js// types.ts
interface Product {
  name: string;
  price: number;
}

// symbols.ts
import { InjectionKey, Ref } from 'vue';
import { Product } from '@/types';

const ProductKey: InjectionKey<Ref<Product>> = Symbol('Product');

Now when you inject the ProductKey into your components, the resolved property will have the Ref<Product> type or undefined like we discussed earlier:

tsimport { inject } from 'vue';
import { ProductKey } from '@/symbols';

const product = inject(ProductKey); // typed as Ref<Product> | undefined

product?.value; // typed as Product

Dealing with undefined

I already mentioned how to deal with undefined being resolved with your plain values, but for complex objects and reactive objects you cannot really offer a safe fallback value.

In our example we tried resolving a Product context object, if that injection doesn't exist then maybe there are a more severe underlying issue that justifies failing with an error if the injection is not found.

By default Vue displays a warning if it did not resolve an injection, Vue could've chosen to throw errors if an injection is not found but Vue can't really make the assumption about whether the injection is required or not, so it's up to you to make sense of unresolved injection and the undefined value.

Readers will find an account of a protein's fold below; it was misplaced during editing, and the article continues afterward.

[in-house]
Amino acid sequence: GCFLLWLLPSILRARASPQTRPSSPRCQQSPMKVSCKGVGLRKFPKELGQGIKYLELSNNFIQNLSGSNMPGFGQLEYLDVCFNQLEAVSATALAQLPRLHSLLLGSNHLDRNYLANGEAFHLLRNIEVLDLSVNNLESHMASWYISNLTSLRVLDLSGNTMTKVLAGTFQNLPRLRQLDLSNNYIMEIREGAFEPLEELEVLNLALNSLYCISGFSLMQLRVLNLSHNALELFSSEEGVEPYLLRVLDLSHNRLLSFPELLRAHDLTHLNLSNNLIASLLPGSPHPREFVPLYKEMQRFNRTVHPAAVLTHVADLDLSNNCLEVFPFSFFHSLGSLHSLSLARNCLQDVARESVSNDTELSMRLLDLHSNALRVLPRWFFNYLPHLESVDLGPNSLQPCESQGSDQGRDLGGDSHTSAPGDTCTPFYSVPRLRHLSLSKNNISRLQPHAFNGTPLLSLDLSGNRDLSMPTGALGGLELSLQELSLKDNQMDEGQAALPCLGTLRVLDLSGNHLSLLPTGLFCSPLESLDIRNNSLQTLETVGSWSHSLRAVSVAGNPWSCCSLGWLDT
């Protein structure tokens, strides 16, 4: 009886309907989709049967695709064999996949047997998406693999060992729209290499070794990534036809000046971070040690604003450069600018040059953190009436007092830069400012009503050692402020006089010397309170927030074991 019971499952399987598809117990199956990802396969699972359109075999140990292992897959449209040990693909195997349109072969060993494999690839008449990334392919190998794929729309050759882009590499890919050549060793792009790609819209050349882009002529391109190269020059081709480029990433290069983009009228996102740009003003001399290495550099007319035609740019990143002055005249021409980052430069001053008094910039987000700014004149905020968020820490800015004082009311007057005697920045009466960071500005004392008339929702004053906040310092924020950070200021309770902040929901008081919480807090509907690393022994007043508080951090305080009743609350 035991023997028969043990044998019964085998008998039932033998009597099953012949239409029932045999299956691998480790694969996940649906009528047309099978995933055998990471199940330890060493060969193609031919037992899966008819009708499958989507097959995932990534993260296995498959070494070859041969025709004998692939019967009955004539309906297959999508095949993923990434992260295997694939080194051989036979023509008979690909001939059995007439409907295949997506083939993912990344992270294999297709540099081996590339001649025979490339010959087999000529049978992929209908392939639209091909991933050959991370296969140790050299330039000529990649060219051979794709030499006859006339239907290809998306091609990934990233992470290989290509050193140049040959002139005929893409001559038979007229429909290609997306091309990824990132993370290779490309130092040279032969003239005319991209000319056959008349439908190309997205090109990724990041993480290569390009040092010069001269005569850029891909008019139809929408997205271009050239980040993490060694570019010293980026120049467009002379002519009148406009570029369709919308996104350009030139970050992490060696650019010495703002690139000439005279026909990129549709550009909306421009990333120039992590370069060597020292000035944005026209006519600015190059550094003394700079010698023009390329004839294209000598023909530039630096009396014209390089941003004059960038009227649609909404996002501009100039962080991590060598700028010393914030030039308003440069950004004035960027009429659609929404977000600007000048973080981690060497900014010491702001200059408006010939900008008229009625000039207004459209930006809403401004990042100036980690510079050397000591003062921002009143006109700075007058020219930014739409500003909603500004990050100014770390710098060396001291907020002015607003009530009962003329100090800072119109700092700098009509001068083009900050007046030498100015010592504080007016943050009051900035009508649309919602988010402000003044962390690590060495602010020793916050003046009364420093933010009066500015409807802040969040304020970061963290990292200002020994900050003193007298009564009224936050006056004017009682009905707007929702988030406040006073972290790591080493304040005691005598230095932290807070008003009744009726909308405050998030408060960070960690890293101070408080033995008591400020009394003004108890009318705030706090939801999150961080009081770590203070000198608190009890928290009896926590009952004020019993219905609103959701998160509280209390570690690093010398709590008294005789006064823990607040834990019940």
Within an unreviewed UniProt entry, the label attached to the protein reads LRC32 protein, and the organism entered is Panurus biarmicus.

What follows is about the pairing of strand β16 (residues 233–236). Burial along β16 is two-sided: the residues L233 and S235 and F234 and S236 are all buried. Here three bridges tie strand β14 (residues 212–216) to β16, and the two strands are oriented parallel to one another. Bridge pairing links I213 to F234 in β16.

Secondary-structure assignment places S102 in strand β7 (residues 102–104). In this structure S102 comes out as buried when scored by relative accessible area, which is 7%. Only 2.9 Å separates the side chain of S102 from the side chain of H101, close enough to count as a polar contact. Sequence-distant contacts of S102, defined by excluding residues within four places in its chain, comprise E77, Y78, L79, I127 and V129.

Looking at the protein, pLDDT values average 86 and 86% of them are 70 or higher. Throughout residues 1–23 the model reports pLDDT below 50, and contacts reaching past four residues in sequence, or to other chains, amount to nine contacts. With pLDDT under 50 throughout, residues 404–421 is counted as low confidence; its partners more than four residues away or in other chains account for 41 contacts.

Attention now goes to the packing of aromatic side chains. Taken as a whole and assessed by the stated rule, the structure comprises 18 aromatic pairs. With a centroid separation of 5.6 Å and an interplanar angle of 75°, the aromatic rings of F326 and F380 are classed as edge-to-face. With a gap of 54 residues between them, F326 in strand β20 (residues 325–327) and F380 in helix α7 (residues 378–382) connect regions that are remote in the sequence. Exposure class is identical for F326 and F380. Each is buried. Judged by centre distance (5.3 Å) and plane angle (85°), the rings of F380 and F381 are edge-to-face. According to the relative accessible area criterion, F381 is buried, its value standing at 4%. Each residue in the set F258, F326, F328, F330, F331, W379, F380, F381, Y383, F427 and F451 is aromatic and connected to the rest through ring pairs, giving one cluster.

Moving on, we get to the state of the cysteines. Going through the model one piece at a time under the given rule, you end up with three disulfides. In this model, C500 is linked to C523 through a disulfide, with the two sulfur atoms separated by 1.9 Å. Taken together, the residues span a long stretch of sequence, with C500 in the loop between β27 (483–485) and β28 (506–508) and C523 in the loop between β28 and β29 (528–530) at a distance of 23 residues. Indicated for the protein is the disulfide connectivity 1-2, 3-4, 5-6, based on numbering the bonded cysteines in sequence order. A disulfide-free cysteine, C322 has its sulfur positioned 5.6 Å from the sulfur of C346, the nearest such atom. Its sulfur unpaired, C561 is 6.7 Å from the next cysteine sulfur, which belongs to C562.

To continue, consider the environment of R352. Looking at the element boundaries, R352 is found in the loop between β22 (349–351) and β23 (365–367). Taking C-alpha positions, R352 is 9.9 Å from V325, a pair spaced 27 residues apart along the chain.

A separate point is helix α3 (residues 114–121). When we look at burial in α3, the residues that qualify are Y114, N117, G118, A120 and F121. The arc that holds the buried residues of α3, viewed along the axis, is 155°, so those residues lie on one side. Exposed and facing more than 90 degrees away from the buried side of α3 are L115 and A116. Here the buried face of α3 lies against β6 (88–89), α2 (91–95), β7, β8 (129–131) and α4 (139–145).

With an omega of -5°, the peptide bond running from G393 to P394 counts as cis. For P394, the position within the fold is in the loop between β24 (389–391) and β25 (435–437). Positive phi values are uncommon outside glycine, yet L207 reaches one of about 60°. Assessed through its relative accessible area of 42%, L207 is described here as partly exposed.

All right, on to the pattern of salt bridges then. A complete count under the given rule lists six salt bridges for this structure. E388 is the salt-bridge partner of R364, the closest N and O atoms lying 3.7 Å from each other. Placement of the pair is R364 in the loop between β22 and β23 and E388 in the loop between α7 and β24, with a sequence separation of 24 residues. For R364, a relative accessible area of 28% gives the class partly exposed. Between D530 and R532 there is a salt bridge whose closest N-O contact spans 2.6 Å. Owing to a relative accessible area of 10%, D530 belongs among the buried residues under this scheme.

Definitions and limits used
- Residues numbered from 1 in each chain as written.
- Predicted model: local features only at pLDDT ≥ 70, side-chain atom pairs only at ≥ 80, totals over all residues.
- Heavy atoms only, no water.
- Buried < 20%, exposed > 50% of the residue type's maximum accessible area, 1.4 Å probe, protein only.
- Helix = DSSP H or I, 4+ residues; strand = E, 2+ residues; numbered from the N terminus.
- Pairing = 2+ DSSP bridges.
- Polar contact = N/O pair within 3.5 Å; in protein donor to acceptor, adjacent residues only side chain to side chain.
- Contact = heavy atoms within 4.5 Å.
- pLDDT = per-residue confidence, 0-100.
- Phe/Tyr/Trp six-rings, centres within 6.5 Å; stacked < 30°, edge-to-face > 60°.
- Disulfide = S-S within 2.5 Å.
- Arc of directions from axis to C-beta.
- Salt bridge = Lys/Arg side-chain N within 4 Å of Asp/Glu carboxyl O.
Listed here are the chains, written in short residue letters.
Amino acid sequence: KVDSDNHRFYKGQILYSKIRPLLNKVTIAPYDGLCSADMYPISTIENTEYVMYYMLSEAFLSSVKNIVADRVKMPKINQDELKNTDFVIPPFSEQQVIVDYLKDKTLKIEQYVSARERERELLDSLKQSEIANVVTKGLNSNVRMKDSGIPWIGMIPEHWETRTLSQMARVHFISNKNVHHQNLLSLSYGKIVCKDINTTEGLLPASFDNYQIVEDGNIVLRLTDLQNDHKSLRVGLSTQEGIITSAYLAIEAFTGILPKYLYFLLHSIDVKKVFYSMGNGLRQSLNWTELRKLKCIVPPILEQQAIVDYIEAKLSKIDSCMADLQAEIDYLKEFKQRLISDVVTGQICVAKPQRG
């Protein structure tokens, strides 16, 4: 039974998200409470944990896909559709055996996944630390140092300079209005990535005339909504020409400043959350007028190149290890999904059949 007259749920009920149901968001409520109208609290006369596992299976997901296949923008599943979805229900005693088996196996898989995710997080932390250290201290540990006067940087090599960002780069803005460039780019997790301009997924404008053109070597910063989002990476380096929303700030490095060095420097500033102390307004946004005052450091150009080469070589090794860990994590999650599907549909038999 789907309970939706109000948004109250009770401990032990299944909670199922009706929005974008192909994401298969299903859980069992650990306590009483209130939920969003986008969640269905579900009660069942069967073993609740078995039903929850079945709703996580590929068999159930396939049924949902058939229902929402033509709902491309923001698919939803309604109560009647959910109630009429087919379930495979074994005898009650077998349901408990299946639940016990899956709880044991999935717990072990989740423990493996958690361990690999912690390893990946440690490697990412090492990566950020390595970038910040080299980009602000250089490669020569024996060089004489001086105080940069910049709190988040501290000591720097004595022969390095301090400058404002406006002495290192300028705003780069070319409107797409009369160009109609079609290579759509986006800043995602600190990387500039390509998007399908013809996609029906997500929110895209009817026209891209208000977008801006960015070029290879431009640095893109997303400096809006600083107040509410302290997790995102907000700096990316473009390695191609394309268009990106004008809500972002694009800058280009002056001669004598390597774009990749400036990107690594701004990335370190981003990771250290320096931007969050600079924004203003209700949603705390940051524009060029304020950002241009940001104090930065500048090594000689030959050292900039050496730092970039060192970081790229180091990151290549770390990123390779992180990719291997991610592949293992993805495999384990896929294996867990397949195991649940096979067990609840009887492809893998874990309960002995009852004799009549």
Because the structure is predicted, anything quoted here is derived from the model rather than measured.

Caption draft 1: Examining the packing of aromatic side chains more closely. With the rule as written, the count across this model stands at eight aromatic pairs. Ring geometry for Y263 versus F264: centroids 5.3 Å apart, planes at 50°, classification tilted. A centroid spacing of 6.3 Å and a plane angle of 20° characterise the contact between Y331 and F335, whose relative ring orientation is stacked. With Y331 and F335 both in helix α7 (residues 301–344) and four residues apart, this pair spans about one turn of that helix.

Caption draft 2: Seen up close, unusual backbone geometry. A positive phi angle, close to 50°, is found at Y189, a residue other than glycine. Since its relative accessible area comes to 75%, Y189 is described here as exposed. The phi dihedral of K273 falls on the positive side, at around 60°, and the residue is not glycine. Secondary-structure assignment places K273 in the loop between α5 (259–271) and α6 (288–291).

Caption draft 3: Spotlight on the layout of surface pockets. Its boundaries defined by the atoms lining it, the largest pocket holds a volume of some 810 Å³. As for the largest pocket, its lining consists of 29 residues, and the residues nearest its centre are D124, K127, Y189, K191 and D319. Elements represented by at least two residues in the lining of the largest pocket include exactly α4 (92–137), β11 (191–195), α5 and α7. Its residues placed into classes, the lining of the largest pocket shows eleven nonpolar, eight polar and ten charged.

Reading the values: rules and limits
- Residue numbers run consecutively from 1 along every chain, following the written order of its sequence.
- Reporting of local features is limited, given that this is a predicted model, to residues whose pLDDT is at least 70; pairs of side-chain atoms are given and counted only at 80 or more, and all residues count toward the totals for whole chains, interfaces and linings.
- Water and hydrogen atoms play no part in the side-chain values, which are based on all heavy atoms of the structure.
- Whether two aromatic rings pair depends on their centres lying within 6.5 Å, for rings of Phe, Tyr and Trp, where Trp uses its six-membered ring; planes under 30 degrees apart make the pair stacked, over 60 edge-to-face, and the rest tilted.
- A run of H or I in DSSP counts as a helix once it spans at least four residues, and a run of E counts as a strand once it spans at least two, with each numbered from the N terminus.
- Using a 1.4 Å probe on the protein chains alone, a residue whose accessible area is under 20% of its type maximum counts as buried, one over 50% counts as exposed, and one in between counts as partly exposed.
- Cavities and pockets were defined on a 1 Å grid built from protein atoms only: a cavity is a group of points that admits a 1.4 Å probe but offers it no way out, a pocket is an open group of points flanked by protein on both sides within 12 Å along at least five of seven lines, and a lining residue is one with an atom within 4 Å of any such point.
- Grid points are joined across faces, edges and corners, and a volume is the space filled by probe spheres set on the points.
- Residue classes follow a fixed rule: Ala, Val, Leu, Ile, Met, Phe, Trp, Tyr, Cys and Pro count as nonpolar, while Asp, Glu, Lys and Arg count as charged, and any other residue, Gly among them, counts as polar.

For optional injected properties, just provide a fallback value or you can use the optional chaining operator if its not that important:

tsimport { inject } from 'vue';
import { CurrencyKey } from '@/symbols';

const currency = inject(CurrencyKey, ref('$'));
currency.value; // no undefined

// or
const currency = inject(CurrencyKey);
currency?.value;

But for required ones like our Product type, we can do something as simple as this:

tsimport { inject } from 'vue';
import { ProductKey } from '@/symbols';

const product = inject(ProductKey);
if (!product) {
  throw new Error(`Could not resolve ${ProductKey.description}`);
}

product.value; // typed as `Ref<Product>`

Throwing errors is one way to take advantage of TypeScript's exhaustive checking feature. Because we handled the undefined component early on, there is no way for the code to reach the last line without the product being actually resolved.

Let's make this more re-usable, let's create a function called injectStrict that does all of that for us:

tsfunction injectStrict<T>(key: InjectionKey<T>, fallback?: T) {
  const resolved = inject(key, fallback);
  if (!resolved) {
    throw new Error(`Could not resolve ${key.description}`);
  }

  return resolved;
}

And now if you use that instead of inject, you will get the same safety in a modular way without having to deal with pesky undefined:

tsimport { injectStrict } from '@/utils';

const product = injectStrict(ProductKey);

product.value; // typed as `Product`

Conclusion

I think provide/inject will surge in popularity especially with the composition API, and knowing the TypeScript capabilities of them will make your code easier to maintain and much safer to work with.

Thanks for reading! 👋